AT THE beginning of October 2017, I stopped off for two nights in Doha, the capital city of the the small Persian Gulf state of Qatar (and its only sizeable city). Travellers from New Zealand often choose to break the long journey to and from Europe in Bahrain, Qatar, or in the nearby United Arab Emirates,
Long a refuelling-stop for airlines based in other parts of the world, the oil-rich region now has several well-known airlines of its own: Qatar Airways, Emirates, and Etihad.
While I was taking a break in Doha, I also took quite a few photos. I’ve also included a video of constantly changing Islamic designs, in a fascinating light-show which I saw inside Doha’s Museum of Islamic Art.
I was especially keen to visit Qatar because of the recent boycott by Saudi Arabia, which closed Qatar’s only land frontier in June 2017. Four Arab states, Saudi Arabia, Egypt, the United Arab Emirates, and Bahrain, have boycotted Qatar since then. They accused Qatar of destabilising the region via its support for many of the protesters in the Arab Spring movement of 2011. Qatar was served a humiliating 13-point ultimatum, which it promptly rejected. Among the thirteen points, the one that seems most extraordinary is a demand for the closure of the well-known Qatari state broadcaster Al Jazeera, which has often been described as the BBC of the Middle East.
Much as in Thailand, the media in Qatar are not allowed to criticise the ruler himself, the Emir. But they are free to get stuck into anyone else. Neighbouring rulers, who have been regularly criticised by Al Jazeera under what they see as a double standard, want to see Al Jazeera closed down.
I wanted to see how Qatar was coping under the boycott.
Qatar has a population of 2.6 million, most of whom are foreign guest workers and their families. Only a little over 300,000 people in the country are Qatari citizens. The capital, Doha, is halfway along the east coast of Qatar, a peninsula with only one land border, the border with Saudi Arabia.
Qatar has a long history. It was known to the ancient Greeks and Romans, who spelt it with a K and a C, respectively. It was ruled by various Arab rulers for centuries, and then from 1871 until 1916 by the Ottoman Turks. After the fall of the Ottoman Empire, Qatar and the Emirates became part of the British Empire. They were subject to a form of semi-colonial rule in which the British stationed troops locally and agreed to to defend them from attack in return for their not hosting troops from any other country.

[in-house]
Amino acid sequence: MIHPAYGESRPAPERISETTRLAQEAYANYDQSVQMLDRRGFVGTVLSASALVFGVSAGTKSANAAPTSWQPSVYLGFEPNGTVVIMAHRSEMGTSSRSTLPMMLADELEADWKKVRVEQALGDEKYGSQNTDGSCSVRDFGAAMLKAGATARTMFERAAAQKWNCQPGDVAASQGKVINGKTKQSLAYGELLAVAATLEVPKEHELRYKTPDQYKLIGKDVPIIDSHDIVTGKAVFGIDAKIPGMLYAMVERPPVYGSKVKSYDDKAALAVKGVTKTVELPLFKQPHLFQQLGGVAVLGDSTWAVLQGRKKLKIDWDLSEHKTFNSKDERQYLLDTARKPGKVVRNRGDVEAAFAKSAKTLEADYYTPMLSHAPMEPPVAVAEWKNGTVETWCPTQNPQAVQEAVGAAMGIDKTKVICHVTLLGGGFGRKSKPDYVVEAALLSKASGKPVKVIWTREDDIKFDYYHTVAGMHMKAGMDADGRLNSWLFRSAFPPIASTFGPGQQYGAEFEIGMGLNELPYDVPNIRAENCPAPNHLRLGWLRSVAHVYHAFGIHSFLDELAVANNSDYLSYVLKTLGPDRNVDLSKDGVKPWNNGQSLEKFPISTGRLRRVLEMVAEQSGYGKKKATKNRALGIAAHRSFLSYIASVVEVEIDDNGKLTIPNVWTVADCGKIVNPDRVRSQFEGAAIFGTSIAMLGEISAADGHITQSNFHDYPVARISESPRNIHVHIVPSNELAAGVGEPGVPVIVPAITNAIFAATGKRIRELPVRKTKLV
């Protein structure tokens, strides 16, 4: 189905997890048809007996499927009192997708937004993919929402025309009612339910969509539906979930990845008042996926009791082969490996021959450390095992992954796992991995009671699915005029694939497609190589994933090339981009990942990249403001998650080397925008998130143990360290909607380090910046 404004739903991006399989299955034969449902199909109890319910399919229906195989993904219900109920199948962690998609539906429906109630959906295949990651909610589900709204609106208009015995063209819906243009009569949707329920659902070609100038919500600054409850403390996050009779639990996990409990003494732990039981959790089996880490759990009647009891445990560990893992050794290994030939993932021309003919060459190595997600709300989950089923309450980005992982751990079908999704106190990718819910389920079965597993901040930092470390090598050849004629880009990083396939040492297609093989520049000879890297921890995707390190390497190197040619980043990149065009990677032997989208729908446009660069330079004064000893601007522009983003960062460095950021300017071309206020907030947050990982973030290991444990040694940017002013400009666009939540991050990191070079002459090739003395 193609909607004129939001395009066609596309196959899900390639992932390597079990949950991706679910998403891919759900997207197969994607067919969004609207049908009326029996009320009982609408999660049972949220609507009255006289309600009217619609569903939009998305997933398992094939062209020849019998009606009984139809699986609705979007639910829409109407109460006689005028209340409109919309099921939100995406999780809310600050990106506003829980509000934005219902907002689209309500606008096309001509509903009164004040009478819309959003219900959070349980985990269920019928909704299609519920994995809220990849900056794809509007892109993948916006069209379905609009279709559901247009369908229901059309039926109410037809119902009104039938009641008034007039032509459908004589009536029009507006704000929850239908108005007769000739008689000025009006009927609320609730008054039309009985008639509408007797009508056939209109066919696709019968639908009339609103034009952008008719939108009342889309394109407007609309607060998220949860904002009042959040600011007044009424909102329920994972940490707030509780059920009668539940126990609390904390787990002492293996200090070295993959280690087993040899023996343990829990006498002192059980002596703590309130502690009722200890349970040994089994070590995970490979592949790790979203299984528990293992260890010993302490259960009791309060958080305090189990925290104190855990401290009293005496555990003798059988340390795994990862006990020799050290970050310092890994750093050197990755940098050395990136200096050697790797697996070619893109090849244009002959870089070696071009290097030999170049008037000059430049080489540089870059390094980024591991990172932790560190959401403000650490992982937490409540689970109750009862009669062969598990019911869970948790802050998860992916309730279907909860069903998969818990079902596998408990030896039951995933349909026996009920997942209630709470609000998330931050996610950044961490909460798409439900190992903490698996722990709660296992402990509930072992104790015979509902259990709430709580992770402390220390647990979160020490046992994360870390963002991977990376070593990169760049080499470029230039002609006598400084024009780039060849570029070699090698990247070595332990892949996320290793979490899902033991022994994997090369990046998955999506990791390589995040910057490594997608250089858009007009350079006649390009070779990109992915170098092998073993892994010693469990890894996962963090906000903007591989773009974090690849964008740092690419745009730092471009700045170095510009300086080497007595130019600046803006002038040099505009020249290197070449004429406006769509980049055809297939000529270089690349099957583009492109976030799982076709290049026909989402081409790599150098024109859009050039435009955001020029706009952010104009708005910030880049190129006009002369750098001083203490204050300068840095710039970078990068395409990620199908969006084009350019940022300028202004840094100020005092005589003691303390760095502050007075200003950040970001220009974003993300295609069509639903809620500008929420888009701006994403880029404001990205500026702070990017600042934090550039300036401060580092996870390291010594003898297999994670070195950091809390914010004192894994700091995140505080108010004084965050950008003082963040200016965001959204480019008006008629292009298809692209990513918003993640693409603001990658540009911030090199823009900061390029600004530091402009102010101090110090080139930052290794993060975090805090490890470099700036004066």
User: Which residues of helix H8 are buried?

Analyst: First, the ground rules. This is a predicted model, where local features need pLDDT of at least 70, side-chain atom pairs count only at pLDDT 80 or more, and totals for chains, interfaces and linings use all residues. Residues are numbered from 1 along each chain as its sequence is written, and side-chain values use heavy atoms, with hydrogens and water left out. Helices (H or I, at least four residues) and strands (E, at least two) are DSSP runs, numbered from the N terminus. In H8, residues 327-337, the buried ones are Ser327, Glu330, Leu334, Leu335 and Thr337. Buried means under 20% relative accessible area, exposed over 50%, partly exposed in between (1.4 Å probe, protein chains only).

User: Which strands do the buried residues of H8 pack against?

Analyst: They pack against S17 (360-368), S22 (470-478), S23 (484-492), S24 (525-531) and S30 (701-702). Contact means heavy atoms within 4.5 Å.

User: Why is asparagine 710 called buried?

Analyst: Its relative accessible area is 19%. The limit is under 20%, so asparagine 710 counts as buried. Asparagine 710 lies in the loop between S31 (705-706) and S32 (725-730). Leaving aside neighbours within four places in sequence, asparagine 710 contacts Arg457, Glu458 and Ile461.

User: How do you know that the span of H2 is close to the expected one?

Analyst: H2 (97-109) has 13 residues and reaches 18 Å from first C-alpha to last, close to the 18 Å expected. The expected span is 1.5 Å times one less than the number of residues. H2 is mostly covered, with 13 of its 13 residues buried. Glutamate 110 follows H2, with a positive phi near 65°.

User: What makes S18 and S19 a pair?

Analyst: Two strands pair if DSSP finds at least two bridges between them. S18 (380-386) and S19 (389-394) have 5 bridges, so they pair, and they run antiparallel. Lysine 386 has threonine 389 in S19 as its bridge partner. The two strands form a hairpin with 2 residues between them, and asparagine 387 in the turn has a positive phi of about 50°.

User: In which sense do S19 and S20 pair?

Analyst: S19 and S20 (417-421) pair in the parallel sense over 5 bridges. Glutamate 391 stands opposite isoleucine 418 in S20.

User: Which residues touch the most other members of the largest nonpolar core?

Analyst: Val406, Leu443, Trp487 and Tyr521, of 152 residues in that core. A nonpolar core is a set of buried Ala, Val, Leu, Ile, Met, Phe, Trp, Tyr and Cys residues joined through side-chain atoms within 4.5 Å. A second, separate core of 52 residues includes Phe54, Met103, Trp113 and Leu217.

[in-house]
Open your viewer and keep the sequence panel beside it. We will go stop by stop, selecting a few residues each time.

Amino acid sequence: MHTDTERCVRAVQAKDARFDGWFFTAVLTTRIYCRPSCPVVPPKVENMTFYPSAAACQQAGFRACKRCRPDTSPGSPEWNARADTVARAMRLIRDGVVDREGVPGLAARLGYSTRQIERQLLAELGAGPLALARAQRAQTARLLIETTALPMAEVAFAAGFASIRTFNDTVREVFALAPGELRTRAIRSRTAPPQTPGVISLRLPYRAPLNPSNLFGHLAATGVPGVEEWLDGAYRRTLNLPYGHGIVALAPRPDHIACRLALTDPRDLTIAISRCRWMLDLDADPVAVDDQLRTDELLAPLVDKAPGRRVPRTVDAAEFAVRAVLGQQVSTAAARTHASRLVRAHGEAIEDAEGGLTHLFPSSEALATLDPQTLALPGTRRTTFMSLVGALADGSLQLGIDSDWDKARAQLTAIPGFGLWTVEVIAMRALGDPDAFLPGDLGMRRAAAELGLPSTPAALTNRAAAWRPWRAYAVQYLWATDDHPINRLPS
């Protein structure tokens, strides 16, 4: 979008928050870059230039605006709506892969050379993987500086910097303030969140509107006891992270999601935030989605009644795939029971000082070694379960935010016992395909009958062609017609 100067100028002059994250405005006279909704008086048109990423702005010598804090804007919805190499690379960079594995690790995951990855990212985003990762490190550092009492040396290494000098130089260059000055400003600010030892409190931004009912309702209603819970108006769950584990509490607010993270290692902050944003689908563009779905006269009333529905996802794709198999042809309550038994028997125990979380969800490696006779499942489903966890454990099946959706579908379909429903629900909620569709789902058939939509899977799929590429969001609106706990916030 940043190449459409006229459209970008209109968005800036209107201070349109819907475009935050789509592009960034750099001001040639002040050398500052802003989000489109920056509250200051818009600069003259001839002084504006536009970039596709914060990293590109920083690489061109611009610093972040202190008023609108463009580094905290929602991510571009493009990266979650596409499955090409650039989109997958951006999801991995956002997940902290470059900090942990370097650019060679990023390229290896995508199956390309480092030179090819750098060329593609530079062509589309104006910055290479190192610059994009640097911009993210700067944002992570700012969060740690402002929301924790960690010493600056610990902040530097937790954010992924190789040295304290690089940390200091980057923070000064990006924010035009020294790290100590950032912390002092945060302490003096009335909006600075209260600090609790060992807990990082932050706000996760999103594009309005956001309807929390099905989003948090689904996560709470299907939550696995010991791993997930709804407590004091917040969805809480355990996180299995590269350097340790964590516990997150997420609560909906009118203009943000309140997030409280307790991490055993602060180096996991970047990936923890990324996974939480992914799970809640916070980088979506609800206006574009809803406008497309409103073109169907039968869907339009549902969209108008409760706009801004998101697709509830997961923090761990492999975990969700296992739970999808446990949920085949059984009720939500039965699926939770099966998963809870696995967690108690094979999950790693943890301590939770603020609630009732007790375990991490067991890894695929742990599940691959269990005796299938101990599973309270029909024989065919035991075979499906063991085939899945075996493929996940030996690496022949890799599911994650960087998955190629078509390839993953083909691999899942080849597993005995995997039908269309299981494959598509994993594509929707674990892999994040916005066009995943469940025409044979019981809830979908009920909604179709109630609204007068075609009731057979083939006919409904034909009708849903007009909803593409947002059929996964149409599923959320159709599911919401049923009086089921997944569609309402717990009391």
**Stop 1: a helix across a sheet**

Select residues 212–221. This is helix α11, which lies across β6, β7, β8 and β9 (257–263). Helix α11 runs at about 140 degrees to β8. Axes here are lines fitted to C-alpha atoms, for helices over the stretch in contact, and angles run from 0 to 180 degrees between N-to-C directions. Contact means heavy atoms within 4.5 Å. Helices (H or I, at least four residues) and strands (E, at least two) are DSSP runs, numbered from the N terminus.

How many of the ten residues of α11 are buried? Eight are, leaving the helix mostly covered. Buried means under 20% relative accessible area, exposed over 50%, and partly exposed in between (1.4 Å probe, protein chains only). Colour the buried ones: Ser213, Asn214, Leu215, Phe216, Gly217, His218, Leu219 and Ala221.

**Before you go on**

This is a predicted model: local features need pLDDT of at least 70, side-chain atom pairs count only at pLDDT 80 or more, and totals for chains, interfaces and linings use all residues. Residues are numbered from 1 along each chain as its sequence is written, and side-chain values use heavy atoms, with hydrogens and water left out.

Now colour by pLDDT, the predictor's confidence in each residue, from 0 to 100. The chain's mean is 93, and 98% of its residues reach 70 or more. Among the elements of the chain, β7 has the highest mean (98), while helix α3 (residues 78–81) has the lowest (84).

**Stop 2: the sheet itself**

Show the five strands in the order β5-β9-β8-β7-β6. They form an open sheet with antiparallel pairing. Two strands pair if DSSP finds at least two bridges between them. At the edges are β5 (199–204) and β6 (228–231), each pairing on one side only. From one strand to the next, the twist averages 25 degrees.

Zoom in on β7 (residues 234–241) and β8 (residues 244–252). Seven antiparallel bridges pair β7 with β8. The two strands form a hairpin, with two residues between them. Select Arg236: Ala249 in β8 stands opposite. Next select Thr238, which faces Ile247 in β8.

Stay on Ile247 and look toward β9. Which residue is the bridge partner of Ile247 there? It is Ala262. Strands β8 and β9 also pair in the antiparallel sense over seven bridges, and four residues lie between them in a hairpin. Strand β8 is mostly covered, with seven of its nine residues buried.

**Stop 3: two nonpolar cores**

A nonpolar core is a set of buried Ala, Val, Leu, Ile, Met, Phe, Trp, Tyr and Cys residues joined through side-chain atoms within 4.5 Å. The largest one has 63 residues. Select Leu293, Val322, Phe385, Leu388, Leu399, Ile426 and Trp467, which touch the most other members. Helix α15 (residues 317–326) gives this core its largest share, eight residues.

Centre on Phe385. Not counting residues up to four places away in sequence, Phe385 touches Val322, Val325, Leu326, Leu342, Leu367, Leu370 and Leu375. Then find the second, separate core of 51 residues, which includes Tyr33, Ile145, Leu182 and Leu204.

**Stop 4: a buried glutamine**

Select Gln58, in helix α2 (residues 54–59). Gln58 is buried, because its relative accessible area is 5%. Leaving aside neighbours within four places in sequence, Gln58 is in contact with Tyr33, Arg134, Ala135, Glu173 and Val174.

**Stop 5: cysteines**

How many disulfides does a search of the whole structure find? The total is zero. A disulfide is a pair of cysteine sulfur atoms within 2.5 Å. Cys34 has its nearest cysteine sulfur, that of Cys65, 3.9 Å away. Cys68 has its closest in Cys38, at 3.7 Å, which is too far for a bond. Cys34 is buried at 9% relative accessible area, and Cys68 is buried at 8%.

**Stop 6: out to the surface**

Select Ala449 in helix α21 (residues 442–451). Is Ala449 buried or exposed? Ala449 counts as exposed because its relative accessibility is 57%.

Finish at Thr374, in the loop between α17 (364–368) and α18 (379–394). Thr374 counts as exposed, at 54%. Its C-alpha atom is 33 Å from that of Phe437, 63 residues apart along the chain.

In 1968, the British decided to bring home all troops stationed ‘east of Suez’ in order to save money. The policy was upheld until the first Gulf War in 1991. No more Tommies east of Suez meant that the Persian Gulf protectorate was finished. And so, Qatar and the Emirates became fully independent in 1971.
Traditionally, Qatar was a quiet place where a small population made its living from that most romantic of pursuits, pearl diving. The pearl is still a symbol of Qatar in some ways. But the discovery of oil and gas changed all that, and ensured for better or worse that Qatar would no longer be a backwater.
For one thing, like Kuwait, it was now coveted by its neighbours. A precariously independent Qatar must do the splits, diplomatically speaking, between nearby Saudi Arabia and Iran just across the water. With the British gone it hosts new military bases, both of the United States and of its former overlord Turkey (the splits, once again).
Qatar is also the first Arab nation to be hosting a FIFA World Cup football tournament, in 2022. Just lately, a a link has been made between the blockade and the World Cup. It seems that if the Emir won’t accede to the original ultimatum, then Qatar giving up the World Cup might be the new price for ending the blockade.
I ended up staying in the area of Doha known the consular district, in the West Bay Lagoon area. This was some 30 minutes from the airport. I stayed in Airbnb accommodation with a huge and amazing room and a large double bed.